In particular this has been a huge transition for the physiotherapists on the allied health team, who previously worked in specialised areas of physiotherapy and now work in general practice across the lifespan, with the additional role as ACAT assessors. We have acquired increased knowledge, and a broader skill set that includes aspects of occupational therapy and speech pathology roles, that are traditionally outside our scope of practice.
Working in this role has not only altered our professional skills but also our perspective on the provision of culturally appropriate health services to remote communities, and the importance of acknowledging the social determinants of health.
Additionally this service delivery model has enabled the development of stronger relationships between the health service provider and the remote communities leading to increased client engagement, community empowerment to manage health needs, and generally improved health outcomes.


Rebecca has worked with the Office of Disability in Katherine for nearly two years. She has extensive experience as a Physiotherapist working in a variety of clinical areas across diverse health care settings including non-government organisations, private and public health sectors in Australia and Internationally. Over 13 years’ experience working sensitively with diverse client groups, across the whole lifespan.

Massive Online Open Courses as a way of engaging rural health professionals and communities in open discussions about death and dying.

Dr Lauren Miller-Lewis1, Professor Jennifer Tieman1, Deb Rawlings1, Professor Deborah Parker2, Dr Christine Sanderson3

1College Of Nursing And Health Sciences, Flinders University., Adelaide, Australia, 2Faculty of Health, University of Technology Sydney, Sydney, Australia, 3Faculty of Health, University of Technology Sydney; and Calvary Health Care Kogarah, , Australia


Background: Massive-Open-Online-Courses (MOOCs) have changed the way in which geographically-dispersed health professionals and the community can engage with each other. MOOCs are freely available short online courses that make use of the digital environment to deliver educational content and create socially-constructed learning and exchange. CareSearch, an evidence based palliative care website, offered the Dying2Learn MOOC, which aimed to build community awareness and acceptance of death as a natural part of life.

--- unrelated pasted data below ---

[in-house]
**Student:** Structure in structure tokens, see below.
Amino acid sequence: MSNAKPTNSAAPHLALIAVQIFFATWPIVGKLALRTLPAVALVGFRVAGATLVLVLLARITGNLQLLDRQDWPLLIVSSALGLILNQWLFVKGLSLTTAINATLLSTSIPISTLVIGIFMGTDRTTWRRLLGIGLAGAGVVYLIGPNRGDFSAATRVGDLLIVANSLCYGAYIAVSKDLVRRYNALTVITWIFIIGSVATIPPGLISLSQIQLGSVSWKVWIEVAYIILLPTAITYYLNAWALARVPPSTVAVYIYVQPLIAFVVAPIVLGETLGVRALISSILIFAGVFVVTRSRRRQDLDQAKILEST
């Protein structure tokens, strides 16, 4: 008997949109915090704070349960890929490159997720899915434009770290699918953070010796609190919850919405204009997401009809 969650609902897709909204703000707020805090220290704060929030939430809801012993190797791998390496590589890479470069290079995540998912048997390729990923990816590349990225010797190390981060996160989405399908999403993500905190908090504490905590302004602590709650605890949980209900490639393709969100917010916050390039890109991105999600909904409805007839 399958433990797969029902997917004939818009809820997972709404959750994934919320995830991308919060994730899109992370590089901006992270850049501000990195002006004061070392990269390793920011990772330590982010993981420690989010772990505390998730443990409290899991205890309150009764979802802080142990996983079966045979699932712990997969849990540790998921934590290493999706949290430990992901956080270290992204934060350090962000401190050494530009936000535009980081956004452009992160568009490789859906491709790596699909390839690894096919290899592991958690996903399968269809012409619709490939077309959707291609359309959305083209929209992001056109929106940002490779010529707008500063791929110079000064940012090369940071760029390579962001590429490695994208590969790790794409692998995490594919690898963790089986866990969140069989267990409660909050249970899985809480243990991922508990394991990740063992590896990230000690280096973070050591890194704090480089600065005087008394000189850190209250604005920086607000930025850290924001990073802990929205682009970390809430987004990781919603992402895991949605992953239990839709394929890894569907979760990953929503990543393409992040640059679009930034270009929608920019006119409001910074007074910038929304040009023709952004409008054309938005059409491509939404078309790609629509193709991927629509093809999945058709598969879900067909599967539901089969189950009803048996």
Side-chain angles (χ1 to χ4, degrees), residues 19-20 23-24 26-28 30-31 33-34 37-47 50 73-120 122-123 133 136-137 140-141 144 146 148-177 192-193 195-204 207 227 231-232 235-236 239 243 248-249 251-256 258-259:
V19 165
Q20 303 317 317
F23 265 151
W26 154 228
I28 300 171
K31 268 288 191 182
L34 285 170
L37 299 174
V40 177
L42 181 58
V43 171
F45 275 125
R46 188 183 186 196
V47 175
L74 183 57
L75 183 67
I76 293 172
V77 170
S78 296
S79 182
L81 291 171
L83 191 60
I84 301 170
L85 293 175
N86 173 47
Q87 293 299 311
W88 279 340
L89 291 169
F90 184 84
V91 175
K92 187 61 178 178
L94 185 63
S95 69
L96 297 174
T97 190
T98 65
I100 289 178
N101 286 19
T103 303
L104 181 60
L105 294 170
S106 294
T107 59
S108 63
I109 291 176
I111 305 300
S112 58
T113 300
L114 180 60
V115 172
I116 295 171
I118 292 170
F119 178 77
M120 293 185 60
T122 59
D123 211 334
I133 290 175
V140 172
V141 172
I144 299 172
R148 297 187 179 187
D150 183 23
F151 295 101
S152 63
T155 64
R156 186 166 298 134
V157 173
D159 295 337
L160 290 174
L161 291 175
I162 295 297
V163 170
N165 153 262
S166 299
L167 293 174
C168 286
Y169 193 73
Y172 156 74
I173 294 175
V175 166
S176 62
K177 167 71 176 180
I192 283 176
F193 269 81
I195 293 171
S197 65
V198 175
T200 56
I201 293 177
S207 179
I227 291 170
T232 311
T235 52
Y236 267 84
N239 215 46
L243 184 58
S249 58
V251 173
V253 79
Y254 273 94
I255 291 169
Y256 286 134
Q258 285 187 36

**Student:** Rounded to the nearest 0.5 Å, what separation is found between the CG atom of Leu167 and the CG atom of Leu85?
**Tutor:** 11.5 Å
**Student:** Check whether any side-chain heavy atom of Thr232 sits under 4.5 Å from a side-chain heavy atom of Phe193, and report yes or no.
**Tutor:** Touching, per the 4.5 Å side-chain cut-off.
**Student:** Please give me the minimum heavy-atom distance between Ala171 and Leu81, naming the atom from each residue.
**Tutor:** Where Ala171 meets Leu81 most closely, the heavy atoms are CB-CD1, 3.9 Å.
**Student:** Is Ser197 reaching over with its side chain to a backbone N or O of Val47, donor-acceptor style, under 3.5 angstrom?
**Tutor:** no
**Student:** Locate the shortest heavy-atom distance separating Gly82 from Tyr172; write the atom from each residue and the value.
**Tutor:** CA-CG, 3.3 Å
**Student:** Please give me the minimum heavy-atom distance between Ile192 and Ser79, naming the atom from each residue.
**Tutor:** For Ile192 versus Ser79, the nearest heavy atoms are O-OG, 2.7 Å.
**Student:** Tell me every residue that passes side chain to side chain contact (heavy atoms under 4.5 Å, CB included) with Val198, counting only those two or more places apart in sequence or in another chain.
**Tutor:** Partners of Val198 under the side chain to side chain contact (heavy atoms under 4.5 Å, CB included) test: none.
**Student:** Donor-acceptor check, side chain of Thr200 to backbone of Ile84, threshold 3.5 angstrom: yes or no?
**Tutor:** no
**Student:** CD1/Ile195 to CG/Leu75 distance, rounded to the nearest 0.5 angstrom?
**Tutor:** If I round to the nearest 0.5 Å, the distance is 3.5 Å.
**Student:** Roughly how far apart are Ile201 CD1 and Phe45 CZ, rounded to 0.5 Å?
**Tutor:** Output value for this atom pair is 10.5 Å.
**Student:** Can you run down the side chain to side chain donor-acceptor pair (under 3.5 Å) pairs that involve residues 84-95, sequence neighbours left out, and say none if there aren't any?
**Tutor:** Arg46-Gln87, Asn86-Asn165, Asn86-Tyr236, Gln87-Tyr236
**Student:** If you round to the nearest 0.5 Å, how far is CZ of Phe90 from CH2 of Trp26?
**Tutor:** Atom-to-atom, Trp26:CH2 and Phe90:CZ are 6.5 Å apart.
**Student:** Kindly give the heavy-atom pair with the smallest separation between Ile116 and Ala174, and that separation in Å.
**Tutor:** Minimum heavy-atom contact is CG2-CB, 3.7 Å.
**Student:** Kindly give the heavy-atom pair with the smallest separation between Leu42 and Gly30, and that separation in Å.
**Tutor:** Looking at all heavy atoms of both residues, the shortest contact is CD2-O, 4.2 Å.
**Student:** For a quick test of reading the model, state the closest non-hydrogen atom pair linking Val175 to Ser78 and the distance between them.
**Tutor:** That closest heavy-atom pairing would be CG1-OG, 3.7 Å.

Methods: The free five-week course provided the opportunity to discuss and collaboratively learn about issues around living, dying and palliative care. The platform enabled evaluation of participant engagement, learning gains and pre-post attitudinal change. Data was examined using mixed-methods.

Results: 1156 people joined the online course in 2016, and 1960 joined in 2017, demonstrating a need for online forums offering the chance to explore death and dying from social perspectives. In 2017, most MOOC participants resided in Australia, with 38% living in regional and rural areas. Over two-thirds of participants identified as health professionals (19% of which were in Allied Health), with the remainder being members of the general community. Both health professional and general community course participants reported feeling motivated and empowered, became more comfortable with talking about death, and reported high levels of satisfaction with the experience.

Conclusions:The Dying2Learn MOOC was well-utilised by health professionals and the general community in rural Australia. This highlights the potential of these innovative online digital platforms for increasing community awareness of death and palliative care, and for health professional education.


Lauren’s background is in health and developmental psychology, with a PhD in this field. Dr Miller-Lewis is part of the CareSearch team at Flinders University. CareSearch is a website that aims to provide trustworthy information about palliative care to the Australian community, and the best palliative care research evidence to health professionals. In her position at CareSearch, Lauren brings experience in psychology, health research, and health professional education. Her role at CareSearch involves website content development, research, and facilitating online learning and engagement for health professionals and the community.